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Posted October 1, 2010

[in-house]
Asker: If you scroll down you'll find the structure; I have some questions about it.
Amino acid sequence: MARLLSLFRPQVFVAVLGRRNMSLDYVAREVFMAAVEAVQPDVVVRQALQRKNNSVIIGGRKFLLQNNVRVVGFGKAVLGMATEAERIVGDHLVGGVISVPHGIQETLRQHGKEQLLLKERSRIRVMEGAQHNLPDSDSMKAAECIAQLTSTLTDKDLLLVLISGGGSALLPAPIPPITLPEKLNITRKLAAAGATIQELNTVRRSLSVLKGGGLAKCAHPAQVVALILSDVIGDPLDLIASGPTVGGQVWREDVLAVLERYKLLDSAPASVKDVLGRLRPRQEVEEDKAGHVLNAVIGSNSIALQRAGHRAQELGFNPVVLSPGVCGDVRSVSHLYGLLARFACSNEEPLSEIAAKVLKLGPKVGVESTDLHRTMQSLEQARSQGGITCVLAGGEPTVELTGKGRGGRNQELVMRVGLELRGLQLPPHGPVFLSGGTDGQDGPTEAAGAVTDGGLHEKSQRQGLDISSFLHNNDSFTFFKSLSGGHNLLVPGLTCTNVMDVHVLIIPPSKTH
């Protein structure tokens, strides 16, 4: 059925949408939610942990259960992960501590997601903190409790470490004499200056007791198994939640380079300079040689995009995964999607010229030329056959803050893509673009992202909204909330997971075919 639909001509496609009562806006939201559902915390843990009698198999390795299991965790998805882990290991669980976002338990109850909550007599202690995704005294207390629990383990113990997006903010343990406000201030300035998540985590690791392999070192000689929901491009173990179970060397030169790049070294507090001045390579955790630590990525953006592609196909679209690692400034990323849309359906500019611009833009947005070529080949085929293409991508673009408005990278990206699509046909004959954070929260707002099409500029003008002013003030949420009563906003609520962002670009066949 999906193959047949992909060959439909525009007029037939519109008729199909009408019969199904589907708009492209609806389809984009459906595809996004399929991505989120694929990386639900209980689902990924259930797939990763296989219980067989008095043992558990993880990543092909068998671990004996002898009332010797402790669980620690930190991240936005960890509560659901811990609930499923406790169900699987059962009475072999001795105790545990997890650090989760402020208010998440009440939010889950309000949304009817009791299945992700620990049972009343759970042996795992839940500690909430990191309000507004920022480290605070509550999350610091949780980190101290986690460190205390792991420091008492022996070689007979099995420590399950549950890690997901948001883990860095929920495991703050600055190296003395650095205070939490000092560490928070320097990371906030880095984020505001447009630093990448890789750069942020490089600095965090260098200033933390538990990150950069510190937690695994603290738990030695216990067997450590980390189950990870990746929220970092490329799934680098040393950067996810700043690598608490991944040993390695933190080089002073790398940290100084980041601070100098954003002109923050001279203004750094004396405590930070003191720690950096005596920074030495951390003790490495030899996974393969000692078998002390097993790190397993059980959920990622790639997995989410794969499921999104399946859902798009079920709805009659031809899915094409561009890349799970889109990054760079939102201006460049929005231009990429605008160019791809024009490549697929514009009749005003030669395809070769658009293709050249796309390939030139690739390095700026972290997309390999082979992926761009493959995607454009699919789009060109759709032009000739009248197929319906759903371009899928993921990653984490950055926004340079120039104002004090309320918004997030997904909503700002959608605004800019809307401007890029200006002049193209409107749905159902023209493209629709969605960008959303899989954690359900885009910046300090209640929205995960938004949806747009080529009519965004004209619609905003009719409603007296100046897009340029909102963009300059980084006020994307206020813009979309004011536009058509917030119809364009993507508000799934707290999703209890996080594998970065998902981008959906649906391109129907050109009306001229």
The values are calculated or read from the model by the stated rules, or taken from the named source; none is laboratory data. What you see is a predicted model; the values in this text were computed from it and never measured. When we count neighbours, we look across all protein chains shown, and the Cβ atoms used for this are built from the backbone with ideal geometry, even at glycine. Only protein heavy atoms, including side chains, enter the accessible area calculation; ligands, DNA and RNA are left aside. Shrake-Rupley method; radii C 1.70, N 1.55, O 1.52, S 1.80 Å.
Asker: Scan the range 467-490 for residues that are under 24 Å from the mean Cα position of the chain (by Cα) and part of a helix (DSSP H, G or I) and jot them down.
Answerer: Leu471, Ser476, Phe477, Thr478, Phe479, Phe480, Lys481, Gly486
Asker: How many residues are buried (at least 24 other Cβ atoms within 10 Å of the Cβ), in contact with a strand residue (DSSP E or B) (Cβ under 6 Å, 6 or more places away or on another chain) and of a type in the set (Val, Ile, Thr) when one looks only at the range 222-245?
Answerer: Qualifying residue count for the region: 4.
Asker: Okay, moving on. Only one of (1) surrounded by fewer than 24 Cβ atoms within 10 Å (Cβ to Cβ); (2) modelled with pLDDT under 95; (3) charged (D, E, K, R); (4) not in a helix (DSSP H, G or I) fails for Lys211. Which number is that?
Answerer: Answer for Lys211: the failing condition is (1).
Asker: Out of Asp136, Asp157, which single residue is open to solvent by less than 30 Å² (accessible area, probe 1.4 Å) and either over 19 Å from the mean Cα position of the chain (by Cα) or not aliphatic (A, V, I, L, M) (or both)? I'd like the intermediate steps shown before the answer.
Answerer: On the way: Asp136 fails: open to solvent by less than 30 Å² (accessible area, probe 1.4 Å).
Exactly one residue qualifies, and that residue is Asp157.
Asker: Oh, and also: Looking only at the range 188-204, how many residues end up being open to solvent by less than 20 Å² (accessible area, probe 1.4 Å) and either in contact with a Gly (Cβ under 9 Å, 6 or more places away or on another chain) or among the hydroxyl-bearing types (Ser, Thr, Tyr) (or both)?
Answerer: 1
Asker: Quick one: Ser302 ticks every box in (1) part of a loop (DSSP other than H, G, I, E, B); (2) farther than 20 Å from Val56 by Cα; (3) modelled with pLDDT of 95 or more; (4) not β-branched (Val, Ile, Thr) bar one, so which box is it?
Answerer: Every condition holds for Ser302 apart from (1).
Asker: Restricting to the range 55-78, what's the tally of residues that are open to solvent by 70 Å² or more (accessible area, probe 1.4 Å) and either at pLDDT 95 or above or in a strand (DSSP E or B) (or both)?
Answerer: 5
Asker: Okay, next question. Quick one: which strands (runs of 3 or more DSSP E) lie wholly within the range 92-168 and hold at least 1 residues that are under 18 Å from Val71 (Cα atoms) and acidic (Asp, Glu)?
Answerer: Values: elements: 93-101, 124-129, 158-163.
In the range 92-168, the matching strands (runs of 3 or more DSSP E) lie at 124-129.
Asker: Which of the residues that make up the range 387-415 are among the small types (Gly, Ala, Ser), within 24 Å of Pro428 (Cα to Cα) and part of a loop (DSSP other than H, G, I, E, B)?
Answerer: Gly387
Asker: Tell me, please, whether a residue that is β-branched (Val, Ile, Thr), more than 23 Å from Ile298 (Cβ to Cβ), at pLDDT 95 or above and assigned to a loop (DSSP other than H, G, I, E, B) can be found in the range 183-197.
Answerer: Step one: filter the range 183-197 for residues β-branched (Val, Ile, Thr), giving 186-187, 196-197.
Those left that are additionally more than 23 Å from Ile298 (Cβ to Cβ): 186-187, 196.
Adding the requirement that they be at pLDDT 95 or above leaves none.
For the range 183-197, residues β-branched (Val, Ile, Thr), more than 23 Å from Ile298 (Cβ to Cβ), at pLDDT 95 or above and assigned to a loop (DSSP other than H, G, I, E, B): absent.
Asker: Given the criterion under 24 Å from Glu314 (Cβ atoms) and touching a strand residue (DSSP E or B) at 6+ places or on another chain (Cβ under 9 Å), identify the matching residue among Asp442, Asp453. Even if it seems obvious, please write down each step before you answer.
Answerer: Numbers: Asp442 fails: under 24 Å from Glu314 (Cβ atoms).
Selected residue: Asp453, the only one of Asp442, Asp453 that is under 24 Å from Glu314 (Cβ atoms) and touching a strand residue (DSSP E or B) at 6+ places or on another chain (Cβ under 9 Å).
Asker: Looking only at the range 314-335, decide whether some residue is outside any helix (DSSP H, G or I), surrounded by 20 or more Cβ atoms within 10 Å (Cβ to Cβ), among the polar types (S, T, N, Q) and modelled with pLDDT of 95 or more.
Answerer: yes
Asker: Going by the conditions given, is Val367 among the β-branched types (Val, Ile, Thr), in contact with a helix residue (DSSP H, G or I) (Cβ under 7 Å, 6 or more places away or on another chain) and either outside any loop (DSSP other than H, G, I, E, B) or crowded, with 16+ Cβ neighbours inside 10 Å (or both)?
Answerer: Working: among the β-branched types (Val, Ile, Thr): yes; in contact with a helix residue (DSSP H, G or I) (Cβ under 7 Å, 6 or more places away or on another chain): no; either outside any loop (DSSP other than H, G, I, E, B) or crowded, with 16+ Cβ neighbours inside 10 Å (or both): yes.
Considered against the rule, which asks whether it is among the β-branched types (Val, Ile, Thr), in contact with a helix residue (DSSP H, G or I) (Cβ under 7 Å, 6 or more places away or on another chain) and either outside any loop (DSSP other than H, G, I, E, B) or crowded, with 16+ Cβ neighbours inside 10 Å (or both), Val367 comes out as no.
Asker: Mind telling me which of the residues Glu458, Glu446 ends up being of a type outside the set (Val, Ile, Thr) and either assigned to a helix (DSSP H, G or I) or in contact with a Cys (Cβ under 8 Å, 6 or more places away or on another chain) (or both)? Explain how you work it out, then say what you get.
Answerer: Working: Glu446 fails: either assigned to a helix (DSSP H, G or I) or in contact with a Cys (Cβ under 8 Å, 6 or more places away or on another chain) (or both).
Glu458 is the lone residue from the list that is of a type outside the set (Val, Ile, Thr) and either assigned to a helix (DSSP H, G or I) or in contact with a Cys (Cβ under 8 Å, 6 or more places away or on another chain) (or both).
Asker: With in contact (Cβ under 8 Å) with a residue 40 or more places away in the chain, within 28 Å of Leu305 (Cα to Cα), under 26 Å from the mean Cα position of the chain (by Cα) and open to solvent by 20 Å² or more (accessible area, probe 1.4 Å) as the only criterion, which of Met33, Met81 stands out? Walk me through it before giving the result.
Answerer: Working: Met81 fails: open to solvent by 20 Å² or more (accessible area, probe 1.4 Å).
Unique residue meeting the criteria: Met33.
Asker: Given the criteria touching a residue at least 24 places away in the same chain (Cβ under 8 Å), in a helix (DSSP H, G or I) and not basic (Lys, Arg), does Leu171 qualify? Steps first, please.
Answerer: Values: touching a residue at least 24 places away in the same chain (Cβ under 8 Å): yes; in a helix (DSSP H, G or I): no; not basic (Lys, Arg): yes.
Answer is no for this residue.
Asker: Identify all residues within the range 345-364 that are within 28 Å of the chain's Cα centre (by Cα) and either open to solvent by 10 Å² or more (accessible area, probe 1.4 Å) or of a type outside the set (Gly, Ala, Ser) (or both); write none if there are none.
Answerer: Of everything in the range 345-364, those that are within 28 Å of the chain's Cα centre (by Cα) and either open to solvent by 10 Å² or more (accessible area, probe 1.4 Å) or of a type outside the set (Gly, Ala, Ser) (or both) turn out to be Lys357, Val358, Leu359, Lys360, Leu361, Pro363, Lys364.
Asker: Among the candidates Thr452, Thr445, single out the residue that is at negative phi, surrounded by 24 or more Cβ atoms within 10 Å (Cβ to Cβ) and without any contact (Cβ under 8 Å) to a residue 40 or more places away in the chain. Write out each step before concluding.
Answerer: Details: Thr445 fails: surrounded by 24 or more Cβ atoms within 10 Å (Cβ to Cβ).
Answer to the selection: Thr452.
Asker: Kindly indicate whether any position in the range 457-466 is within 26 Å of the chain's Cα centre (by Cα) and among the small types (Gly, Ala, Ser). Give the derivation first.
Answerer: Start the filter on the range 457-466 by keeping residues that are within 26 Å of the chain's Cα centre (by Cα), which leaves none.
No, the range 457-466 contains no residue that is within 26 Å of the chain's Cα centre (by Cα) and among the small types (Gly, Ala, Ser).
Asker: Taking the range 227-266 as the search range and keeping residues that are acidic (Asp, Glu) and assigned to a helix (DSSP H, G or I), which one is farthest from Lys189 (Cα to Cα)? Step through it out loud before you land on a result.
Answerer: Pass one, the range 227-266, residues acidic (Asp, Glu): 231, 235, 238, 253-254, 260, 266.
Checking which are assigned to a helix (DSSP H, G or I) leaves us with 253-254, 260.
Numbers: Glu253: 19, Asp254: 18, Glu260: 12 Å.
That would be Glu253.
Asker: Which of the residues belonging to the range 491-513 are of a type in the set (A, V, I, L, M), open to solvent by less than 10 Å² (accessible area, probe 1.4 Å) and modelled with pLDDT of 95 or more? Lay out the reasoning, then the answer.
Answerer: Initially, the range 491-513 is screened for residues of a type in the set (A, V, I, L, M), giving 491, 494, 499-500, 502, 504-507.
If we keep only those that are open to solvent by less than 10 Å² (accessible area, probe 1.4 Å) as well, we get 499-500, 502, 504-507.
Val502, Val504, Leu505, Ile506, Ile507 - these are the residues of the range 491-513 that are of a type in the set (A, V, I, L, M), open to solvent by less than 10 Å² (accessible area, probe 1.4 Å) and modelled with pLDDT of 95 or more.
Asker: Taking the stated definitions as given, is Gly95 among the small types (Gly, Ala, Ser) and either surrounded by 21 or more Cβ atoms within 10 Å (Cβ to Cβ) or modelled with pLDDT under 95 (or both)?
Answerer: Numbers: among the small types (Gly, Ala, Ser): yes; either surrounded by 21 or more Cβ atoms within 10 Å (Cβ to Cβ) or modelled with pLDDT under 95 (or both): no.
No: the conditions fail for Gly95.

This Mendelssohnian symphony from the mid-19th century is the earliest Russian symphony in my CD collection. It is difficult to conceive as Russian because of Rubinstein's cosmopolitan culture. It is sturdy, unambiguous and pleasing but rather ordinary compared to the composer's best, Nos. 2 and 5. Rubinstein grew more nationalistic as his career progressed but never enough to satisfy the younger generation of Mussorgsky, Borodin and Tchaikovsky. The tone poem "Ivan the Terrible" on this recording, dating 1869, adopts a nationalistic program. Rubinstein's program music never measures up to his symphonies but my judgment on this point reflects a tacit comparison between these works and Tchaikovsky's brilliant "Francesca da Rimini," "Hamlet" and the "Manfred Symphony"-- the best part of the younger composer's output. Rubinstein's basic style is too tame to work as well in dramatic program music as in the more formal symphonies. The growing dominance of program music in Rubinstein's time prompts the recording notes to suggest that Liszt must have regarded the formal symphony as outmoded when he reviewed Rubinstein's work.Was this review helpful? Yes NoThank you for your feedback. Report this reviewThank you, this review has been flagged.